Skip to main content

Birthday Bash


It all began with an e-mail: “Come to Amsterdam and wish Rembrandt a Happy 400th birthday.” It seems Crown Blue Line (CBL) was promoting its charter boats in Holland. I’d no idea you could bareboat in Holland, yet discovered the company has two bases there—one in Strand Horst, 35 miles east of Amsterdam, and the other in Sneek, about 60 miles north of Strand Horst. I also learned Holland is crisscrossed with waterways. But is there anything to see? All I knew of The Netherlands I’d learned in Amsterdam. The rest of the country was terra incognita—literally.

CBL, however, was not unknown. Having chartered from it in Scotland and France, I knew what to expect. The fleet of 29- to 49-foot, purpose-built, single-diesel cruisers features bow thrusters, loads of interior space, good amenities, and not much speed, but great fuel efficiency. They’re also singularly homely, mainly because their flanks are festooned with slabs of super-heavy-duty rubber and chain-hung black fenders that allow them to collide with docks, locks, and other boats with near impunity. Most important, they’re simple to operate, essentially stupid-proof. Our party being three—my friend Celia DeVoe, photographer Anna Clopet, and me—CBL fixed us up with a 42-foot, three-cabin Royal Classique S.

DeVoe and I met up with Clopet in Amsterdam’s Schiphol airport, then took a cab to Strand Horst, a 100 euro ride. We arrived at the charter base around 3 p.m., DeVoe and I punchy from our overnight flight, and were directed to our home for the next five days. While we were stowing gear and looking around, a young chap arrived to give us our check-out. It took all of 15 minutes, covering engine starting, gear shifting, and thruster activation. The word engine was never uttered, much less its location—testimony, I presumed, to the bulletproof nature of these boats.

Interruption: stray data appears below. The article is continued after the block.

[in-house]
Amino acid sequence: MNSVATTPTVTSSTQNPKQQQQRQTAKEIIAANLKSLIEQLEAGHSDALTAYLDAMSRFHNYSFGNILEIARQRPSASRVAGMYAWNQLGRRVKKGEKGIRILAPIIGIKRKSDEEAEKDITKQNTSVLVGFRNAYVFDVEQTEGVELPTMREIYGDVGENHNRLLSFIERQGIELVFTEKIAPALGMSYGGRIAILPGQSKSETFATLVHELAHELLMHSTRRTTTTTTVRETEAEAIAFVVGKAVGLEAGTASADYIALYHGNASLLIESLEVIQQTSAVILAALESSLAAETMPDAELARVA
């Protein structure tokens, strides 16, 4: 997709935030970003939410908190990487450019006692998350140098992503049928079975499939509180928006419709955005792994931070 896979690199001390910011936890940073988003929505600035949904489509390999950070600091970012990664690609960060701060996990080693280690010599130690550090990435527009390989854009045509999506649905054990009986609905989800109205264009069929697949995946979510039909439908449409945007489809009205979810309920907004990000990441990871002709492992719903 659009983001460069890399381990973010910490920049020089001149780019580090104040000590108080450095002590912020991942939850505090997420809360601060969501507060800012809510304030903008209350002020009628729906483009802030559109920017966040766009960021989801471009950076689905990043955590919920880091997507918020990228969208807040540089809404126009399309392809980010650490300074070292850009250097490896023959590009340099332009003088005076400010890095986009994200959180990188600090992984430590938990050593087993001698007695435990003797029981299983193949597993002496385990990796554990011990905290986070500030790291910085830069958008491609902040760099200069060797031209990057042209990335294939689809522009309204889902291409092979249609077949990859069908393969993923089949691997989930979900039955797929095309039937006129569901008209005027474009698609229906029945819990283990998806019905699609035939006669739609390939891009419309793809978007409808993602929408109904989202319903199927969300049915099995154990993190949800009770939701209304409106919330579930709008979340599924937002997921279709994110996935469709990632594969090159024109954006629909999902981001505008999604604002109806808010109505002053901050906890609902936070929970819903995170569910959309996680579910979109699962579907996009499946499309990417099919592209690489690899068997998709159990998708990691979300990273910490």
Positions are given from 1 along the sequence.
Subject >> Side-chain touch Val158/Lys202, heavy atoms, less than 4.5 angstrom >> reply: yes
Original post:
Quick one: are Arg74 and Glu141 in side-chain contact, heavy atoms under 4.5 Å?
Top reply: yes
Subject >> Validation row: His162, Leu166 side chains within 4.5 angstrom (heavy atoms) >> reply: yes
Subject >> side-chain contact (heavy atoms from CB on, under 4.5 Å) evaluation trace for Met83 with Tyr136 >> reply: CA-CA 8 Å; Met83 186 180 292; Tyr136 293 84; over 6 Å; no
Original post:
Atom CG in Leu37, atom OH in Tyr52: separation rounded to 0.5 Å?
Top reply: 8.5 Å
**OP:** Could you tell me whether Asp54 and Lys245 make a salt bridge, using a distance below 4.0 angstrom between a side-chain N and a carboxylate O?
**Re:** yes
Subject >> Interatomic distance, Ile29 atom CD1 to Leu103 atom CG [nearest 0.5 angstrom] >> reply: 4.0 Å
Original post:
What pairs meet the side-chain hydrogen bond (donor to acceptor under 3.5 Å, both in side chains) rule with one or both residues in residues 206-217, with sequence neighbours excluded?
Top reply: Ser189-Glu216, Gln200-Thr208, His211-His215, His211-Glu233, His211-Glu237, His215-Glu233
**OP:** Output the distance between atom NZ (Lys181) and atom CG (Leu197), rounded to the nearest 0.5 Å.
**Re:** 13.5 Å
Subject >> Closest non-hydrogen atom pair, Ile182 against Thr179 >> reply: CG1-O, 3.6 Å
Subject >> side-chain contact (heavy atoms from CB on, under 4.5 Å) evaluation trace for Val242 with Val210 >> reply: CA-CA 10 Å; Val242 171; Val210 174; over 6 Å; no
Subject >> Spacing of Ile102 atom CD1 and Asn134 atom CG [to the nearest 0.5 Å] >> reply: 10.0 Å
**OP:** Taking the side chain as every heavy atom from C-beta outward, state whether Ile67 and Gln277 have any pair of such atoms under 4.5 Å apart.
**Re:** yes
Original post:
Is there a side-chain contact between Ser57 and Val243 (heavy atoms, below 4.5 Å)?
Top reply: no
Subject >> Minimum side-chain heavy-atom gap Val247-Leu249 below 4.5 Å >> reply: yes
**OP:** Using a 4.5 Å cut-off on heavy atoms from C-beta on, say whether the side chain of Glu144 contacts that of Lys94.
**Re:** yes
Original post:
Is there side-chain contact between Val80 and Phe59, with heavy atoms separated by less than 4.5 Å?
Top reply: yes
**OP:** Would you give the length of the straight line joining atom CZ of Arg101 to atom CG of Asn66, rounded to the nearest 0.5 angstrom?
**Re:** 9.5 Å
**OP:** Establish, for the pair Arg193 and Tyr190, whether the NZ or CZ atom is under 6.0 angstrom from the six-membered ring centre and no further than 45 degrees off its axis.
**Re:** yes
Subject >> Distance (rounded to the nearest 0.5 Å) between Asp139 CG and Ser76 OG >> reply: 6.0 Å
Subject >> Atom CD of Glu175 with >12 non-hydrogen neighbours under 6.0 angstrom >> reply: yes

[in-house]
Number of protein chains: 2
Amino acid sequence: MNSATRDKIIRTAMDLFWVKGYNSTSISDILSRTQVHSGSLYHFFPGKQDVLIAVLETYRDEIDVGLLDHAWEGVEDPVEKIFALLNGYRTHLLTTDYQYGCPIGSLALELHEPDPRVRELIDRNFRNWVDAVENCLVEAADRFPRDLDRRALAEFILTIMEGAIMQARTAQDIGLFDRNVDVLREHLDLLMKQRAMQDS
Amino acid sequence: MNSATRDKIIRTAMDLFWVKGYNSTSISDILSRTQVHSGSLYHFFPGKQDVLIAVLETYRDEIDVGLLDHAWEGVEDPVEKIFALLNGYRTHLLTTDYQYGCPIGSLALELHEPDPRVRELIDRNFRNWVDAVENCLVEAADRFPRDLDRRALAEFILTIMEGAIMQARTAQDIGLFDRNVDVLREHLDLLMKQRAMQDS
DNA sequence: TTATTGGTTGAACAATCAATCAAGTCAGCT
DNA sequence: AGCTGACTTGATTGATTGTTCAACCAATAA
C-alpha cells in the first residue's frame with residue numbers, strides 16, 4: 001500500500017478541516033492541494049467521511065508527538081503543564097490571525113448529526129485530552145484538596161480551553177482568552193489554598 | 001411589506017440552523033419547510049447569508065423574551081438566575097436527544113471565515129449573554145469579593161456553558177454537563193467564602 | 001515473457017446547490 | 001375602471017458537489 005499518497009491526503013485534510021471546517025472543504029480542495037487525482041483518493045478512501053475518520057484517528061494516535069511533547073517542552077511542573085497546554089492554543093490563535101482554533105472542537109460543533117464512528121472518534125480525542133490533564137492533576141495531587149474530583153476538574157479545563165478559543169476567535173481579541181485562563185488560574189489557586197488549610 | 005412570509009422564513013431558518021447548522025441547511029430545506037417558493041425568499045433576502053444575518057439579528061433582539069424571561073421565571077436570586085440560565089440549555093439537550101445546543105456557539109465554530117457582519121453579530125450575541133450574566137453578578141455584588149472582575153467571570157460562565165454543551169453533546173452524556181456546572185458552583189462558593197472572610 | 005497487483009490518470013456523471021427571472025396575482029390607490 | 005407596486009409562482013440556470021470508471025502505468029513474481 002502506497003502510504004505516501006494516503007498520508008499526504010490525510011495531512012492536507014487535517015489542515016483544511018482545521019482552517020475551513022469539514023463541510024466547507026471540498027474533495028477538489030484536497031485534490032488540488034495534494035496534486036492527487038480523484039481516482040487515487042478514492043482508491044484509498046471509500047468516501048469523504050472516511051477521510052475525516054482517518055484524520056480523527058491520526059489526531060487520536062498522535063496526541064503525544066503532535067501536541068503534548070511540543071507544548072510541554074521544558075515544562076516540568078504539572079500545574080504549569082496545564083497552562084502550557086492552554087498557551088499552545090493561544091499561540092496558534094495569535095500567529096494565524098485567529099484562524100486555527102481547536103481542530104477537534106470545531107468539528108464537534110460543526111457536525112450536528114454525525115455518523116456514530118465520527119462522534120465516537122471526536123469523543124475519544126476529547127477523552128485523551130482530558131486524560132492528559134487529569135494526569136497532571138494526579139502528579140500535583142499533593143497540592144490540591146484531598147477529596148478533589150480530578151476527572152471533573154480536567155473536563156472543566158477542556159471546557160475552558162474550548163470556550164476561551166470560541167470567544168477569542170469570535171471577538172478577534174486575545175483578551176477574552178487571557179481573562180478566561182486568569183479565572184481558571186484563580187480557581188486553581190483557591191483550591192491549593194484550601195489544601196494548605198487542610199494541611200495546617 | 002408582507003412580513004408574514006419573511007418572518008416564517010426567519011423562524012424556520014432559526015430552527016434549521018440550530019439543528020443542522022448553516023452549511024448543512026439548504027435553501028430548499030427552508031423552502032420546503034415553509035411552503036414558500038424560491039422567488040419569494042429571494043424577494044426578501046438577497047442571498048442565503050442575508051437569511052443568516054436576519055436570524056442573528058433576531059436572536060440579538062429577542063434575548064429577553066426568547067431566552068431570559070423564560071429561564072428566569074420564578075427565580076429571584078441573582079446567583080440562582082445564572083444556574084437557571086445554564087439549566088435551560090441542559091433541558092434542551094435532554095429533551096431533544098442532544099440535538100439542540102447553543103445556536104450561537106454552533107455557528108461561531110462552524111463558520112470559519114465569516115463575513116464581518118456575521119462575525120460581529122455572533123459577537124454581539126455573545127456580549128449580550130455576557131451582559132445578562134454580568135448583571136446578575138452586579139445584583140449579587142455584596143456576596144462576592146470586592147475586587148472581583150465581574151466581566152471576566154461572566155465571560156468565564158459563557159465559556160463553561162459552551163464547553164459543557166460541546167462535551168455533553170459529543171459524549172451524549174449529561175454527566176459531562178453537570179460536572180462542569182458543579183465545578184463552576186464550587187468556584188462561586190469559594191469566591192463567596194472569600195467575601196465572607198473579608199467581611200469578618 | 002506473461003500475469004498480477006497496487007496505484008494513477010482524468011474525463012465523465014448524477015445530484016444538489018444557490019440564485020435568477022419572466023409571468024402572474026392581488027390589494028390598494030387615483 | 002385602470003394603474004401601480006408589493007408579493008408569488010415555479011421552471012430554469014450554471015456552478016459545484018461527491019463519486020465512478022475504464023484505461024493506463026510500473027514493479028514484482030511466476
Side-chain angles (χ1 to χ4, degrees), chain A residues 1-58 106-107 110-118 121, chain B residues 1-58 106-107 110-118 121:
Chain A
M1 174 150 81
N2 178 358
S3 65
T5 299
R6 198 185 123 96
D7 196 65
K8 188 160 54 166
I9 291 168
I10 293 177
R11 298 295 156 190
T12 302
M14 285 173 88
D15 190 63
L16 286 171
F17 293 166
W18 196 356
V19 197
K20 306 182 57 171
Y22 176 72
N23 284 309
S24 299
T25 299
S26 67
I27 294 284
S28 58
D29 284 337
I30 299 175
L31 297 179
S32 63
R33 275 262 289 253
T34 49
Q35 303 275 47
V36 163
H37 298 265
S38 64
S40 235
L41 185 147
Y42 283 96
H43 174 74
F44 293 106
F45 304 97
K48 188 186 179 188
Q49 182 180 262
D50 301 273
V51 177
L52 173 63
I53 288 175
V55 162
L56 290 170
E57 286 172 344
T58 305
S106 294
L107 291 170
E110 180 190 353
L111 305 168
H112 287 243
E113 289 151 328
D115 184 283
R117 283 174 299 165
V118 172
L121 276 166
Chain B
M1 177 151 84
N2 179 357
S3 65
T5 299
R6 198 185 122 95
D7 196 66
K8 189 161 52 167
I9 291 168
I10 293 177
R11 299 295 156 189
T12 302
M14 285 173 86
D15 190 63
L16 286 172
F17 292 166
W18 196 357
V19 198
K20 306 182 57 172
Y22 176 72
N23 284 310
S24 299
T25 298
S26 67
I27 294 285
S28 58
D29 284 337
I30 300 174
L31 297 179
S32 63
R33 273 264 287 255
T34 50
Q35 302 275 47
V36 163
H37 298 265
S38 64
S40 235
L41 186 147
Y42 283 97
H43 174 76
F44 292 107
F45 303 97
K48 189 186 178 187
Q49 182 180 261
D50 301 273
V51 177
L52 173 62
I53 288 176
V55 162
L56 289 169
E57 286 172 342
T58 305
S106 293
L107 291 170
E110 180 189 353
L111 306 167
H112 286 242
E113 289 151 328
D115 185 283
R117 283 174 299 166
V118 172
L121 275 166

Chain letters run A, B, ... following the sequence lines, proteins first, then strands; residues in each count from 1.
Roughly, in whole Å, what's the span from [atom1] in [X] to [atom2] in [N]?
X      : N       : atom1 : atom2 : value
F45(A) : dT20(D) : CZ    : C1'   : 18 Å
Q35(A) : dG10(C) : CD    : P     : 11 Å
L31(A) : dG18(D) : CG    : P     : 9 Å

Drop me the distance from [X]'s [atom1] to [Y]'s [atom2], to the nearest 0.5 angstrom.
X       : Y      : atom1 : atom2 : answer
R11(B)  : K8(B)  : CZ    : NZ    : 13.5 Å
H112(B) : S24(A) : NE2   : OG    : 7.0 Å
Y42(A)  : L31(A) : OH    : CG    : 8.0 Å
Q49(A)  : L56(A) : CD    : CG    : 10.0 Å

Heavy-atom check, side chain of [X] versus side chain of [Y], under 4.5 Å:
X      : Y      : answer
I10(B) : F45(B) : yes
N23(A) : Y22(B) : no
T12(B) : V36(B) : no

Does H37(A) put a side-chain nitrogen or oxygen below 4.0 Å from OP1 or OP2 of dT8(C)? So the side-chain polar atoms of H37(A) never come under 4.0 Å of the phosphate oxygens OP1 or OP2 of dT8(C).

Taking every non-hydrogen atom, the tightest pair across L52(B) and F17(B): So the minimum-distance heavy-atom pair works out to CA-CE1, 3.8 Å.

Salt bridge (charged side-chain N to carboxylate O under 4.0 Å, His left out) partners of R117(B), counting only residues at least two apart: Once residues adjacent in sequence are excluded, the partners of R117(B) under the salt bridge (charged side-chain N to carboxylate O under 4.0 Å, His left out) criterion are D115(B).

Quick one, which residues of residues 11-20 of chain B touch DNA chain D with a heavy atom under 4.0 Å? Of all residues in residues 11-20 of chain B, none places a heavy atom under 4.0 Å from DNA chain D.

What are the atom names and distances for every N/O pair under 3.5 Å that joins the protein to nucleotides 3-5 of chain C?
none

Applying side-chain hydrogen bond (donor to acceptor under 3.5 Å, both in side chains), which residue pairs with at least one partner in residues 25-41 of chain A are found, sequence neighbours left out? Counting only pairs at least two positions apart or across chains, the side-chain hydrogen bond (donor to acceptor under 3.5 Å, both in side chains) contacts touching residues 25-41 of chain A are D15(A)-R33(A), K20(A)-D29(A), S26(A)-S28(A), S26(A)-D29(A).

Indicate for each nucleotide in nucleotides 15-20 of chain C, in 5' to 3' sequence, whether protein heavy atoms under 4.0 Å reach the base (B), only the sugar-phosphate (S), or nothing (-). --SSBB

Docking directions and points of interest were equally sidestepped, and as for provisioning, we learned the nearest place to do so was an hour away in Harderwijk, where the stores closed in an hour. Considering our total comestibles consisted of salt and pepper, we hurriedly cast off and firewalled the throttle, yielding maybe 7 knots—the same speed you get if you run at half-throttle. Fortunately we had a beautifully rendered “chart”; unfortunately it had no scale. Yet the numbered waterway buoys corresponded to those on that chart, and besides, the attendant’s last words as we’d pulled away were, “If you have any problems, don’t hesitate to call us.” Then I realized that he hadn’t told us on what channel. Then I realized there was no radio aboard. With the light rapidly fading and the waterway jam-packed with tacking sailboats, I thought to myself, “This is not the way to begin a cruise.”

We reached Harderwijk in 45 minutes but couldn’t figure out where to dock. So we laid up against a seawall and looked for the dockmaster. Instead we found a bartender at the nearby pub who informed us in fine English that we could leave the boat there as long as we were gone by 8:00 the following morning and that the local market was open for another half-hour. Thank goodness we’d reserved bikes. Too bad we’d forgotten to load them aboard. So we hot-footed it into town and returned an hour later with a dozen overloaded plastic bags.

This article originally appeared in the February 2007 issue of Power & Motoryacht magazine.